Following on from last week’s post about Vogon Planners at the local council, I’ve had a brush with petty laws and useless officials (an unjustifed parking ticket) so this feels very relevant.
“Avoid petty laws and useless officials” is the seventh of ten principles which are inscribed on the Georgia Guidestones which are located in Elbert County, about 90 miles from Atlanta. They have been described as the American Stonehenge (by someone who’s possibly never been to the proper Stonehenge or Avebury) and are a fairly controversial structure.
A few facts to whet your appetite:
- They were erected in 1980 just outside Elbert, Georgia;
- They are exactly 18 feet tall made of Georgia granite;
- There are six slabs weighing more than 14 tons. One slab stands in the center, with four arranged around it, and are topped with a capstone;
- A message consisting of a set of ten guidelines or principles is engraved on the Guidestones;
- The principles are engraved in eight different languages, one language on each face of the four large upright stones;
- Moving clockwise around the structure from due north, these languages are: English, Spanish, Swahili, Hindi, Hebrew, Arabic, Chinese, Russian; and
- The stones are astronomically aligned (uh ho…… something going on here…..?).
I’m not going to list the ten principles, have a look at the illuminating Georgia Guidestones entry on Wikipedia. The interesting stuff is who built them? Nobody really knows. If you fancy digging into a bit of conspiracy theory around them; have a read of Brian Dunning’s skeptoid blog.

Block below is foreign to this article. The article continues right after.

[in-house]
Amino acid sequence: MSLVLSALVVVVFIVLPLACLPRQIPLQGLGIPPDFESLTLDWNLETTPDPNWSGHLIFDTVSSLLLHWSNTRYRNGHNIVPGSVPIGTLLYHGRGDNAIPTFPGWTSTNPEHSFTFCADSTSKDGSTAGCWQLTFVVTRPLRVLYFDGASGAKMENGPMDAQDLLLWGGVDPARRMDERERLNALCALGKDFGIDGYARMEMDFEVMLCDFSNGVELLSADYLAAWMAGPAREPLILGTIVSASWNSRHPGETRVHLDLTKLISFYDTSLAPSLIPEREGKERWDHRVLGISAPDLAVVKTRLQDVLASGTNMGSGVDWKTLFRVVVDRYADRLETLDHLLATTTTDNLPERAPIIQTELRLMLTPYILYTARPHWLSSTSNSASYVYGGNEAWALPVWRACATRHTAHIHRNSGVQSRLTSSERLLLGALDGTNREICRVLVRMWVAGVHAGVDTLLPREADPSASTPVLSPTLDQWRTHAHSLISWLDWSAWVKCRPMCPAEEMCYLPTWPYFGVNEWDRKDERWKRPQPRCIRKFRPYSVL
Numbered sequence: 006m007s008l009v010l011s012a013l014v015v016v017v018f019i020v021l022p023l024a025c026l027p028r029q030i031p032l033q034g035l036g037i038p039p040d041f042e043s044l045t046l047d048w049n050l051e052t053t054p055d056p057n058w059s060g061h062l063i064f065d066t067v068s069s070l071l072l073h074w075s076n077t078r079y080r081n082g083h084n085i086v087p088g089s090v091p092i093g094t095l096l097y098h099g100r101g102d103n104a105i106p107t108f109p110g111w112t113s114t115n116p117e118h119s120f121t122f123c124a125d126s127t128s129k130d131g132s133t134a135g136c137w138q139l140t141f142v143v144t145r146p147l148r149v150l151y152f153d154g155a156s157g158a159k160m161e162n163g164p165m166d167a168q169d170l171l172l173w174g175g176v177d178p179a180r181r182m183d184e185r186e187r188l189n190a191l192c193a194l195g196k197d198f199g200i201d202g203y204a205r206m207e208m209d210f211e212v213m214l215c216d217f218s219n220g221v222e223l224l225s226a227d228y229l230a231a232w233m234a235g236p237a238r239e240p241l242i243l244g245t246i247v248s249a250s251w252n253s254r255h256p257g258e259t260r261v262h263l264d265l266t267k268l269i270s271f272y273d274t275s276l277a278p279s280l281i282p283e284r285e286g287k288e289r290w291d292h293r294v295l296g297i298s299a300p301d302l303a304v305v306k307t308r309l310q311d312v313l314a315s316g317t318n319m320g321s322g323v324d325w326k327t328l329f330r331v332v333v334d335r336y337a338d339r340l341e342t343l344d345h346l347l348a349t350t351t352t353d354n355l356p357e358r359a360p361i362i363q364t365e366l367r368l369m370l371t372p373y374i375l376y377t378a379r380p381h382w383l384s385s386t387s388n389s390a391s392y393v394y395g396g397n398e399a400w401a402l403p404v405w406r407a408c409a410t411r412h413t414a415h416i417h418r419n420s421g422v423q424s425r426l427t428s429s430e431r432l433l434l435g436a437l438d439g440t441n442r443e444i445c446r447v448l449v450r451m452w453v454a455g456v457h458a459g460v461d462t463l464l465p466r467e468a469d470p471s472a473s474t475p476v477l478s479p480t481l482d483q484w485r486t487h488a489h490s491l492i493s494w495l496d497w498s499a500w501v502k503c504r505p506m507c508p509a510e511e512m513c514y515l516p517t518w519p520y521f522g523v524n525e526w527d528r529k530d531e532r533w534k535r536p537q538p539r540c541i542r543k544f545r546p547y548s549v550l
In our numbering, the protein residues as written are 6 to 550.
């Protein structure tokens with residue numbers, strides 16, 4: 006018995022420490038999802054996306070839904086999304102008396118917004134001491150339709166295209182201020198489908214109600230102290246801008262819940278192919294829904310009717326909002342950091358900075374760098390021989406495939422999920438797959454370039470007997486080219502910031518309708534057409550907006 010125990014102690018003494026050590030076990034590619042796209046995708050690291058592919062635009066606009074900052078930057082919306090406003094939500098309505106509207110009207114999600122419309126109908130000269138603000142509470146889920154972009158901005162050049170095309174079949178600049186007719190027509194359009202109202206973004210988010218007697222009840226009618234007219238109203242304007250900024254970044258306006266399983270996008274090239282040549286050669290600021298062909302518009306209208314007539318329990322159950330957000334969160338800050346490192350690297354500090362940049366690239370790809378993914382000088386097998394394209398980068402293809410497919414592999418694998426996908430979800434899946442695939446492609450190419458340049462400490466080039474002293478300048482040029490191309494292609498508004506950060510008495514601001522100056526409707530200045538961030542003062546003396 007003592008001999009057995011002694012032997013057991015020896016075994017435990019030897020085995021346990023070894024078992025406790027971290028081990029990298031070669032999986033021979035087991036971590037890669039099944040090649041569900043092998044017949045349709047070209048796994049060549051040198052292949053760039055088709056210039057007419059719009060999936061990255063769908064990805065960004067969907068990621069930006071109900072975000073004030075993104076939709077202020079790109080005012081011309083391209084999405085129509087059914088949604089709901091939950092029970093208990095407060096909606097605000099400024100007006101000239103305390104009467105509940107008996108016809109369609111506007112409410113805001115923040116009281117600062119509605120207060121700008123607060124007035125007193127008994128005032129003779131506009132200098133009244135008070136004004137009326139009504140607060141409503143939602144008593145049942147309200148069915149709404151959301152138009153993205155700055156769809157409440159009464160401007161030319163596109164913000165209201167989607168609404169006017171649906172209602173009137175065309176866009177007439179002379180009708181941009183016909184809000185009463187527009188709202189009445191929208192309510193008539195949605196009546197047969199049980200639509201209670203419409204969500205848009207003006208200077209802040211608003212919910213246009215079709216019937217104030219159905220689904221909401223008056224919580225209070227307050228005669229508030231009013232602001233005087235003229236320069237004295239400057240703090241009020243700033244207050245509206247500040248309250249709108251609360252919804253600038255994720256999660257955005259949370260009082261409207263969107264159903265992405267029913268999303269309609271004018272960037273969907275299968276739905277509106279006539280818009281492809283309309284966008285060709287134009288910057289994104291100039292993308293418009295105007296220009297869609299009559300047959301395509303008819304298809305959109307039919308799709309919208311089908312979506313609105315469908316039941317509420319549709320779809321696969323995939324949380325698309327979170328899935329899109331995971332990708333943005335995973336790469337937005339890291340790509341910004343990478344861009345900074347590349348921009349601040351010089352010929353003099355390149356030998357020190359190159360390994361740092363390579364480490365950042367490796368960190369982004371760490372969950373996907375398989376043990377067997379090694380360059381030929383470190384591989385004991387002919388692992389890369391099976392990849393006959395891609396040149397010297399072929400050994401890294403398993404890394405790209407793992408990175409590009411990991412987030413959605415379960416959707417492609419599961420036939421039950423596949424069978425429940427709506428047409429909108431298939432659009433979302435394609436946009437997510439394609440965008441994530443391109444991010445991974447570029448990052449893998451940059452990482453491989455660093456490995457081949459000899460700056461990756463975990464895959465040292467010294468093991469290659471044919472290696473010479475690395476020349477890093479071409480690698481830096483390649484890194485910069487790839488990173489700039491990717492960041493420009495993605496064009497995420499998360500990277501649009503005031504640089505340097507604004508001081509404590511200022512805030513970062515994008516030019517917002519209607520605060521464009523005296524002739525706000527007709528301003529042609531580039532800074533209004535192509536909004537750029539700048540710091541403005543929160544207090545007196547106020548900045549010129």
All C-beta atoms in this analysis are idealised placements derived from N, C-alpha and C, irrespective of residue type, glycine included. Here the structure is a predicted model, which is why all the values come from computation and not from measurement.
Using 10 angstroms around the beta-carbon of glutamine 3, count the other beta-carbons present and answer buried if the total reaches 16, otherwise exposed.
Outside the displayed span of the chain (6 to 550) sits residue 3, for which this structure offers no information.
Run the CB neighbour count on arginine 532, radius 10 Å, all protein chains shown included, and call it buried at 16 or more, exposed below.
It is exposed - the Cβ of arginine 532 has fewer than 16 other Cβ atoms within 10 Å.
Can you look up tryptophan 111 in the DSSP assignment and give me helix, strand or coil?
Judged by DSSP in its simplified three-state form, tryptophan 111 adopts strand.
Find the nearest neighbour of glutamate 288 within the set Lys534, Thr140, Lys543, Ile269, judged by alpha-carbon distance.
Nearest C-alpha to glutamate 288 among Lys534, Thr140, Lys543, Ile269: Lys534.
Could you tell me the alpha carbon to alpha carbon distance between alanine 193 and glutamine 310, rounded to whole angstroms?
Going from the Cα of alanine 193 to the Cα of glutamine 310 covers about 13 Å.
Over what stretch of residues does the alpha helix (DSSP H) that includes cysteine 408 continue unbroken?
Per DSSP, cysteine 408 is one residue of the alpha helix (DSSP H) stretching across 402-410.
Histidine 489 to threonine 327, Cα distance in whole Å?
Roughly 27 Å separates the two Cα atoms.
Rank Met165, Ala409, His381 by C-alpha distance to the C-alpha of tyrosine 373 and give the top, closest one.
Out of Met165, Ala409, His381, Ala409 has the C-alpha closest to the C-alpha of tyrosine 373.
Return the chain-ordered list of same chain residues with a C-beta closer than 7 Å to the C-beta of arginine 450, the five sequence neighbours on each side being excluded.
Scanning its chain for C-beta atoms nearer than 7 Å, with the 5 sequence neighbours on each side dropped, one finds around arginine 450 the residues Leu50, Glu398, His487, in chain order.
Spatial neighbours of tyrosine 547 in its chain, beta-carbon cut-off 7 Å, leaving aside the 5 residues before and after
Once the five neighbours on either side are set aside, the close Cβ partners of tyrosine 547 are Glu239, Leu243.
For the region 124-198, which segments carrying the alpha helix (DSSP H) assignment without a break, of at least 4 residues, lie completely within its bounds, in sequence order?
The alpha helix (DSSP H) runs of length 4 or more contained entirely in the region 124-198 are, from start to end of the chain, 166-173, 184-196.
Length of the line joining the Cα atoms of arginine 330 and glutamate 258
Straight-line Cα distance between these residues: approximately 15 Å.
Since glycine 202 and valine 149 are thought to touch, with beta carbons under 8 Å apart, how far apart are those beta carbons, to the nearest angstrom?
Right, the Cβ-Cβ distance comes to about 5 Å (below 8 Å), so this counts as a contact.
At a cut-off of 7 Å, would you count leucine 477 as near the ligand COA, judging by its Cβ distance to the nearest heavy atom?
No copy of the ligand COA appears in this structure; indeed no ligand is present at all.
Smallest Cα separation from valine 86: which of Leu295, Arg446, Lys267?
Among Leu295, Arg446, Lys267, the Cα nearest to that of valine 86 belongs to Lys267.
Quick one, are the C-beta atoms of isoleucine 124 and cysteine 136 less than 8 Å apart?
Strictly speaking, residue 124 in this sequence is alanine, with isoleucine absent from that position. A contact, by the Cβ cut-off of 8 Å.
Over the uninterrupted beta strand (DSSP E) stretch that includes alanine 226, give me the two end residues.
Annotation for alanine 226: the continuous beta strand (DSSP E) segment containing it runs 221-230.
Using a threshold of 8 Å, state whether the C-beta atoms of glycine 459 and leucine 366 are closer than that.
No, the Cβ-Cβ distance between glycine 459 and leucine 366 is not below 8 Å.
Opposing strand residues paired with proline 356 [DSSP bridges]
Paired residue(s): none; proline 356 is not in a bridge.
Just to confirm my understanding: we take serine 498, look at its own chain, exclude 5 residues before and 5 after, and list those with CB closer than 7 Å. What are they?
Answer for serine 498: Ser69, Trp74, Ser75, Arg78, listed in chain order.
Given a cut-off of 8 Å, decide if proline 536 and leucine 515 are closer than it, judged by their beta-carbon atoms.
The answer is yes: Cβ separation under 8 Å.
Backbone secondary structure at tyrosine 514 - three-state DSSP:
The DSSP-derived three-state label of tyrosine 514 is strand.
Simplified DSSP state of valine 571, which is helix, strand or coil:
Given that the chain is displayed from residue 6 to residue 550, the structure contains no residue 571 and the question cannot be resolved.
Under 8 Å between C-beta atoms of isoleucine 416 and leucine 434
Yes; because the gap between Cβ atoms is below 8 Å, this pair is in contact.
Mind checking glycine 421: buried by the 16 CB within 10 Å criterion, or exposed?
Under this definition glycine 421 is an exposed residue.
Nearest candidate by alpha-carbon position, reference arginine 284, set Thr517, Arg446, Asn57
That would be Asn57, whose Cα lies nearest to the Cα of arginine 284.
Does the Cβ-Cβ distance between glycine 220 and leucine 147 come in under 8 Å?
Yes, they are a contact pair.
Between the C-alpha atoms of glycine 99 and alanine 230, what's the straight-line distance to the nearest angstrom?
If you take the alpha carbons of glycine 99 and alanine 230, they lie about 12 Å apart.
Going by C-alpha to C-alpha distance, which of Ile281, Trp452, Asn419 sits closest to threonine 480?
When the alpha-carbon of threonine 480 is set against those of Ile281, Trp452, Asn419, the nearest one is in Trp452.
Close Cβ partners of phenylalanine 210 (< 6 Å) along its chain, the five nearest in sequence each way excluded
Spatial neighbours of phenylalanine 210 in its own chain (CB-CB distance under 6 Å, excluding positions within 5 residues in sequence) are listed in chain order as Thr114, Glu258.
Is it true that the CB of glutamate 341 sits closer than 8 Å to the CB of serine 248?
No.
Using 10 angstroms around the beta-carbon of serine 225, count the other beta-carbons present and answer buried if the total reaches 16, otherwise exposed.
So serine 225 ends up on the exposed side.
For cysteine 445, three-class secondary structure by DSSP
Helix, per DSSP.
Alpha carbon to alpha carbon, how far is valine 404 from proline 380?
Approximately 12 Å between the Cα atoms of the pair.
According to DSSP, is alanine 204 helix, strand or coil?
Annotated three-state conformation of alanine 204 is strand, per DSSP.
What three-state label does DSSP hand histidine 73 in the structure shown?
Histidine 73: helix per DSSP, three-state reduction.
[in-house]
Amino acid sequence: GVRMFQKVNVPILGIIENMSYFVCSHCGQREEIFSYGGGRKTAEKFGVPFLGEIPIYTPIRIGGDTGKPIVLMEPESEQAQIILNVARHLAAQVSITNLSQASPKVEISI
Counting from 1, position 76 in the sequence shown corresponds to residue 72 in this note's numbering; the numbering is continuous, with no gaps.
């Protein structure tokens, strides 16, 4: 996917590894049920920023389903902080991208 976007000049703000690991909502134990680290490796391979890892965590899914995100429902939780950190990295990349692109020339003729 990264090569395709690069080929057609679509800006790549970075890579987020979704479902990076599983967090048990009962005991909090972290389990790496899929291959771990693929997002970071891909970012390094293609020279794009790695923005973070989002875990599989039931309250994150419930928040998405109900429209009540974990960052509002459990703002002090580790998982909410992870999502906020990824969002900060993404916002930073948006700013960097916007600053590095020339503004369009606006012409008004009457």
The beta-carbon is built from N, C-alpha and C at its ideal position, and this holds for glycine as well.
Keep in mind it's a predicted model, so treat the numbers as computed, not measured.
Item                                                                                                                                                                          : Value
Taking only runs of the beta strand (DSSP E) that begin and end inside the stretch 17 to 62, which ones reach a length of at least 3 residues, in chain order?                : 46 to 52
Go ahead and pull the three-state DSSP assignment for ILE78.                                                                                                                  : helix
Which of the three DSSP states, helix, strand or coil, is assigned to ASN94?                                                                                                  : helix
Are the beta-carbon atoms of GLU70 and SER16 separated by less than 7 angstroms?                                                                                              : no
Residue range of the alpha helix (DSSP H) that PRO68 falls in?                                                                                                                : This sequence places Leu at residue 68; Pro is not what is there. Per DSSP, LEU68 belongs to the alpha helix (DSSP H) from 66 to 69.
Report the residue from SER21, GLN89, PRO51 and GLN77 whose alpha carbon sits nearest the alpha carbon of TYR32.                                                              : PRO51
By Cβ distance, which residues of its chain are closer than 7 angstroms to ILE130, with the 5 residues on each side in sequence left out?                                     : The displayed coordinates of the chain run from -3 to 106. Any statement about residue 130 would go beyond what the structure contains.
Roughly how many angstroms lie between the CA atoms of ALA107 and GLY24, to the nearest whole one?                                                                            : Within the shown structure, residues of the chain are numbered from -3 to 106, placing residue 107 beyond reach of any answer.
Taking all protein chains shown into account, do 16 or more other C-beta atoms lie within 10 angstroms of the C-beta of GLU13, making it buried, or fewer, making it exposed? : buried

As good as principle seven is, the hard thing is actually achieving this utopian state
with few “petty laws and useless officials”, at organisational level, let alone worldwide.
Interestingly I’ve recently been involved in discussions around rules and principles for the use of social media in organisations. There is a strong tendency to develop
rules based on risk avoidance and to ‘over regulate’ rather than focus upon how
we could use social media to make things better. Discussions have ended on the
point that if lots of (pointless) rules were imposed, the best the organisation
could expect to get was compliance with the rules, and they probably wouldn’t
even get that as people always find ways around rules. This article from the New
York Times shows how students have thwarted the bans on Facebook in schools.
I blogged about this topic a while back in stop the social media arms race in schools.
However (in my dreams), if organisations trusted people a little bit more, this would help to create an environment where people are engaged and start to show commitment to the organisation. Surely an organisation where people are engaged and committed has got to be better than one where they are compliant with the rules (just about).
So, what’s the PONT?
- We could all do with fewer, petty laws and useless officials.
- Trusting people to do the right is fundamental to achieving this situation.
- Trying this with the use of social media in organisations could be a good test and a way of building up trust.
Picture source: http://en.wikipedia.org/wiki/File:Georgia_guidestones.jpg